May 2, 2022, Paper: "We estimate time-varying perceptions about the Fed’s monetary policy rule from crosssectional survey data and document systematic shifts in the perceived rule that are relevant for monetary policy and asset pricing. First, the perceived reaction coefficient to the output gap varies over the monetary policy cycle, with a pattern of quick and surprising rate cuts but gradual and data-dependent tightening. Second, this variation in the perceived rule explains changes in the sensitivity of interest rates to macroeconomic announcements. Third, high-frequency monetary policy surprises lead to updates in beliefs about the policy rule that depend on the state of the economy in the direction that is consistent with rational learning. Fourth, when monetary policy is perceived to be more responsive to real activity, risk premia on long-term Treasury bonds are low, consistent with standard asset pricing logic. Our findings can help explain certain empirical puzzles, such as systematic forecast errors about short-term interest rates and the decoupling of long-term rates during conundrum episodes."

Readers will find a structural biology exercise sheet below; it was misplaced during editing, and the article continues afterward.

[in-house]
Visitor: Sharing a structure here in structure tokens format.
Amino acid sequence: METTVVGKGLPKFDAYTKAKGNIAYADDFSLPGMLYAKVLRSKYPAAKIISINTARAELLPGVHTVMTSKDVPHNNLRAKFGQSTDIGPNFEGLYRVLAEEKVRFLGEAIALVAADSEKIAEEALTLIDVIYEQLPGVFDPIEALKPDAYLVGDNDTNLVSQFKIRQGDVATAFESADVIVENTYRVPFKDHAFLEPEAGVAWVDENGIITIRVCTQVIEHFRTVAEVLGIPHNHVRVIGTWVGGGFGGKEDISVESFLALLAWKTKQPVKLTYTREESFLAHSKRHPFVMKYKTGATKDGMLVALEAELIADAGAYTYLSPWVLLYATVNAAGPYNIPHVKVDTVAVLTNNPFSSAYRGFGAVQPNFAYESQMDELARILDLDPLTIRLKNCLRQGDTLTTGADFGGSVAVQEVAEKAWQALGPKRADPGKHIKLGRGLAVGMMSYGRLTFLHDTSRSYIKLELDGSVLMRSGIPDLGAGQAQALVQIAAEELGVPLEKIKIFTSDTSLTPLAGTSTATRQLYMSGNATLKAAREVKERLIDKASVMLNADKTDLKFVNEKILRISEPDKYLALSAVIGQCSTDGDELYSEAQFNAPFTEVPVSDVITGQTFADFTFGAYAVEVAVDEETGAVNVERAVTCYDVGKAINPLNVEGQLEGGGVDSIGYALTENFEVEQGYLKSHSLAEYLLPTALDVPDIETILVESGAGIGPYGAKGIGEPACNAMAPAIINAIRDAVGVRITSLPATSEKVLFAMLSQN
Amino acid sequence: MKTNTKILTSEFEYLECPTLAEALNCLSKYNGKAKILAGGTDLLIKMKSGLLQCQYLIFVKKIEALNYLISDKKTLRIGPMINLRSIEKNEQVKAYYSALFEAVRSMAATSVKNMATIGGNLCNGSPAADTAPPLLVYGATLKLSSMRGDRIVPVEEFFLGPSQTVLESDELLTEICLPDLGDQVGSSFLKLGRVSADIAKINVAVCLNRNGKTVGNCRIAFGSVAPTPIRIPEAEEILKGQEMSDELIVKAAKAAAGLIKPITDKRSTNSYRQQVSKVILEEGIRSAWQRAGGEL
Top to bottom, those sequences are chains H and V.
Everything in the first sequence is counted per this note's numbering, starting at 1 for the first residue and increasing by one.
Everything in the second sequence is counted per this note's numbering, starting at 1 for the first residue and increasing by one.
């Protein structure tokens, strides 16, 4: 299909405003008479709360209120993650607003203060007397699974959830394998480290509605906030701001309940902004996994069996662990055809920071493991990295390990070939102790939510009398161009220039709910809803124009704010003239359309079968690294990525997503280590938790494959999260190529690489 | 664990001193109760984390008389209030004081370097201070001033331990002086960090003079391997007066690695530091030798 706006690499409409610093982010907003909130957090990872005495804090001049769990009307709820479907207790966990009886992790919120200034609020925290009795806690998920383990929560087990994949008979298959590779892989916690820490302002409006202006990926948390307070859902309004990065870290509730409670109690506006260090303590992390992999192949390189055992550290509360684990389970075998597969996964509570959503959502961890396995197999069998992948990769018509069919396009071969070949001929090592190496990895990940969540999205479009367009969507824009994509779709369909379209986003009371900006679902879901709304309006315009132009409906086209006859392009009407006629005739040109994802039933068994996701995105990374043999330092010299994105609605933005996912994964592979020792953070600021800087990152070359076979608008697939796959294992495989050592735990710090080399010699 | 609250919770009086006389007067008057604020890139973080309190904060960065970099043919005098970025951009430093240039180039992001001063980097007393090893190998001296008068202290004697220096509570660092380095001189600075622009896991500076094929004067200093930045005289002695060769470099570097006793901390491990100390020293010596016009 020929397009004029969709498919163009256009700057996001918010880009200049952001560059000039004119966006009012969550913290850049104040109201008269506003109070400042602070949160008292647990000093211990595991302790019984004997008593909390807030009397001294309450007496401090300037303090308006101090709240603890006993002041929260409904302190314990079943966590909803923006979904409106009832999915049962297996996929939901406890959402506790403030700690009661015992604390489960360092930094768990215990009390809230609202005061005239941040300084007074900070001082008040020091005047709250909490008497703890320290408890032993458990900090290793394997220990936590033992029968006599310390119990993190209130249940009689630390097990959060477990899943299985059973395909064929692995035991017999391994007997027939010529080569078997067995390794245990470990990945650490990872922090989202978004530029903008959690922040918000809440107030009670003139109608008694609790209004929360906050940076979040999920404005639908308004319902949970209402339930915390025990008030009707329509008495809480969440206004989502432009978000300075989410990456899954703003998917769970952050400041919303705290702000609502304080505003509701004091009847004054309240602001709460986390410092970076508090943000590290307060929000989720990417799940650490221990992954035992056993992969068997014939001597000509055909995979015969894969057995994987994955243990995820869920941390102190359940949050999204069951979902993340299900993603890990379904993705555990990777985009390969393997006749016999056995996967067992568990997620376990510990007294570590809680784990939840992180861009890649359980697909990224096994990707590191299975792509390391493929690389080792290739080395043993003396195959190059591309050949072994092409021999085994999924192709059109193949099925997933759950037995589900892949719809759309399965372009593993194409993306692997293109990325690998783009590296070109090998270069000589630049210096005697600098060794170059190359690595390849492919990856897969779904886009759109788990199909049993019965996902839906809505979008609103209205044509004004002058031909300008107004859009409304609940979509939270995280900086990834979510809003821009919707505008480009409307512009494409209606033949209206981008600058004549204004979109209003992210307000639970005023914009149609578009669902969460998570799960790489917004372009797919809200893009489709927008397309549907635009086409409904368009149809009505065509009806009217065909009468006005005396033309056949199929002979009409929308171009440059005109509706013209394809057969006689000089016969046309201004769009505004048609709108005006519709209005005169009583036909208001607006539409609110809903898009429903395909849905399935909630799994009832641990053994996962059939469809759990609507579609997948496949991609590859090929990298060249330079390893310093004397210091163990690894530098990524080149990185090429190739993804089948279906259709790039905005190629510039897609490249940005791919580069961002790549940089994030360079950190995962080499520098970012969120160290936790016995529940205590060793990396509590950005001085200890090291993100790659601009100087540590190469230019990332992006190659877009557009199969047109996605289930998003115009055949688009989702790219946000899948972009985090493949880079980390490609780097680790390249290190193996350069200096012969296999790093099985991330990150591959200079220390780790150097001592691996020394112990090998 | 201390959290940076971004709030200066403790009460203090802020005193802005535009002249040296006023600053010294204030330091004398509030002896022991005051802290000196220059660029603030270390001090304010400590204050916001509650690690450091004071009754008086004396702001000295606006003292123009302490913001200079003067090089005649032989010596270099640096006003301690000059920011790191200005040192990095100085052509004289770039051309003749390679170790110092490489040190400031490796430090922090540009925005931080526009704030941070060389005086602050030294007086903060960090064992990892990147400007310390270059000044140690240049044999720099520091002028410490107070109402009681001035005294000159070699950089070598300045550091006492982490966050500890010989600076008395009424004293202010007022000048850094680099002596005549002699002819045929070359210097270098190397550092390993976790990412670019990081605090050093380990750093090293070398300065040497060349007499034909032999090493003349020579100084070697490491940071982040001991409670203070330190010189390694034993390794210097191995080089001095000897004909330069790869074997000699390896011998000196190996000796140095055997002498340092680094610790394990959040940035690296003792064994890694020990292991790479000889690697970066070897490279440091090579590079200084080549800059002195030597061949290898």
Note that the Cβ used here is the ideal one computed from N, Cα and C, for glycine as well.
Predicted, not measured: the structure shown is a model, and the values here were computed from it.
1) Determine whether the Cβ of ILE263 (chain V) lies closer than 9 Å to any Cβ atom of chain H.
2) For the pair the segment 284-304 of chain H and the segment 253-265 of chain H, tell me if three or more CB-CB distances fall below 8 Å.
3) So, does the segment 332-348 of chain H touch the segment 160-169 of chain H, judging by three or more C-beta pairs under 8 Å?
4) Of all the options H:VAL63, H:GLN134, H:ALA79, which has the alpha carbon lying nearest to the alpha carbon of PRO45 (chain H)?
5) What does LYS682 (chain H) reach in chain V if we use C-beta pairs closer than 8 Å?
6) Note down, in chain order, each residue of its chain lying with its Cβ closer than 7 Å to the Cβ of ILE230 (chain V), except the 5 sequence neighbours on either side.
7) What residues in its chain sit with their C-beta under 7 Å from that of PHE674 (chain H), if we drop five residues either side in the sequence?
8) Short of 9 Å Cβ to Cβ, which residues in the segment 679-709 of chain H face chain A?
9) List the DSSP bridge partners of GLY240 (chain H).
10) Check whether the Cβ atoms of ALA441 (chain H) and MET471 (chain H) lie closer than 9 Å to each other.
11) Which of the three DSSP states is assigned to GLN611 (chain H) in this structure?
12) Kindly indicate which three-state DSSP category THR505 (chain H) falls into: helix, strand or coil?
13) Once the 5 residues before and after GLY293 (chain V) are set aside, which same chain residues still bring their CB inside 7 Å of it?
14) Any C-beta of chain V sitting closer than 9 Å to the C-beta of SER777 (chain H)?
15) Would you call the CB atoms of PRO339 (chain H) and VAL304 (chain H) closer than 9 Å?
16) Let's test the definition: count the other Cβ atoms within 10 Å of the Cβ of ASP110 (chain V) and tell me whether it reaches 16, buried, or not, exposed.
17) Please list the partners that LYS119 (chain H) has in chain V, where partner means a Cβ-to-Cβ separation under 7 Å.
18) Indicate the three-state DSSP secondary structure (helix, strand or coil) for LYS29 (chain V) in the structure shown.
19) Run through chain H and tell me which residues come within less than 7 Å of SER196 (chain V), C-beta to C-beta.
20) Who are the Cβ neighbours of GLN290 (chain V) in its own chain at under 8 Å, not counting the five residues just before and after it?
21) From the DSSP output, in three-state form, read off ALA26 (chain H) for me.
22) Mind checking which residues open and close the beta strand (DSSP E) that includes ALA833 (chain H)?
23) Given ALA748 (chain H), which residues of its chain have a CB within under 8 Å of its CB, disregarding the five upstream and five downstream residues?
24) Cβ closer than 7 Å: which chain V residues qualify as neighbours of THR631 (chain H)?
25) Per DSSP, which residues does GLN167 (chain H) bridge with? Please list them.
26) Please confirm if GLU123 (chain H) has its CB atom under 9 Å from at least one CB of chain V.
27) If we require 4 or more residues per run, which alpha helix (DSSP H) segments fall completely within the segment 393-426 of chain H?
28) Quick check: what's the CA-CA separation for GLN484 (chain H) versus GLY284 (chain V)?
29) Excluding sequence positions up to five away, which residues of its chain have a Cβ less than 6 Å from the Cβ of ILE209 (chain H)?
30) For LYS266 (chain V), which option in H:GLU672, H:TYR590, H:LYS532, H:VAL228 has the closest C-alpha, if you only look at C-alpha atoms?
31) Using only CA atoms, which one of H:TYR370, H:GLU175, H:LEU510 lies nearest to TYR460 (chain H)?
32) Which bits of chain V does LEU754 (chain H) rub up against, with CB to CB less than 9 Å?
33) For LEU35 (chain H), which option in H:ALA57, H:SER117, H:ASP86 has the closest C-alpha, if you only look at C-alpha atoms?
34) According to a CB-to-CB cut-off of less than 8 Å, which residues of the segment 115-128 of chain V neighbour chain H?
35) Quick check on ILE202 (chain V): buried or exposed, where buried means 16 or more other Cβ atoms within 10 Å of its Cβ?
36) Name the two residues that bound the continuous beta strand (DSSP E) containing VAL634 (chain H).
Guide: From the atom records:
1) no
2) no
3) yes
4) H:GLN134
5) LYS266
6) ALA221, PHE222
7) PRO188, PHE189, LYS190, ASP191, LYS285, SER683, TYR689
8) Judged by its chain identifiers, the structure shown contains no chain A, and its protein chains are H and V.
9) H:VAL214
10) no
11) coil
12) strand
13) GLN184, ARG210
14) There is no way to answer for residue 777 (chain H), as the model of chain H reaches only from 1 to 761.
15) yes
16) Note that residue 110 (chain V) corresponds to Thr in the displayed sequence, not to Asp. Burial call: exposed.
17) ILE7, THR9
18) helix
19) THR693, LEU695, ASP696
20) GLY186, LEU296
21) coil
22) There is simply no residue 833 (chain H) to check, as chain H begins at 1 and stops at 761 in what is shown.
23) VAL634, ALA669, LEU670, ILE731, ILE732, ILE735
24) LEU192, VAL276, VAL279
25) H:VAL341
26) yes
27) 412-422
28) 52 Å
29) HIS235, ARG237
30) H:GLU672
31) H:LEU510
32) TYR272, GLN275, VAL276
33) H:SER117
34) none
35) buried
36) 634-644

Non-HKS Harvard Faculty Website - Adi Sunderam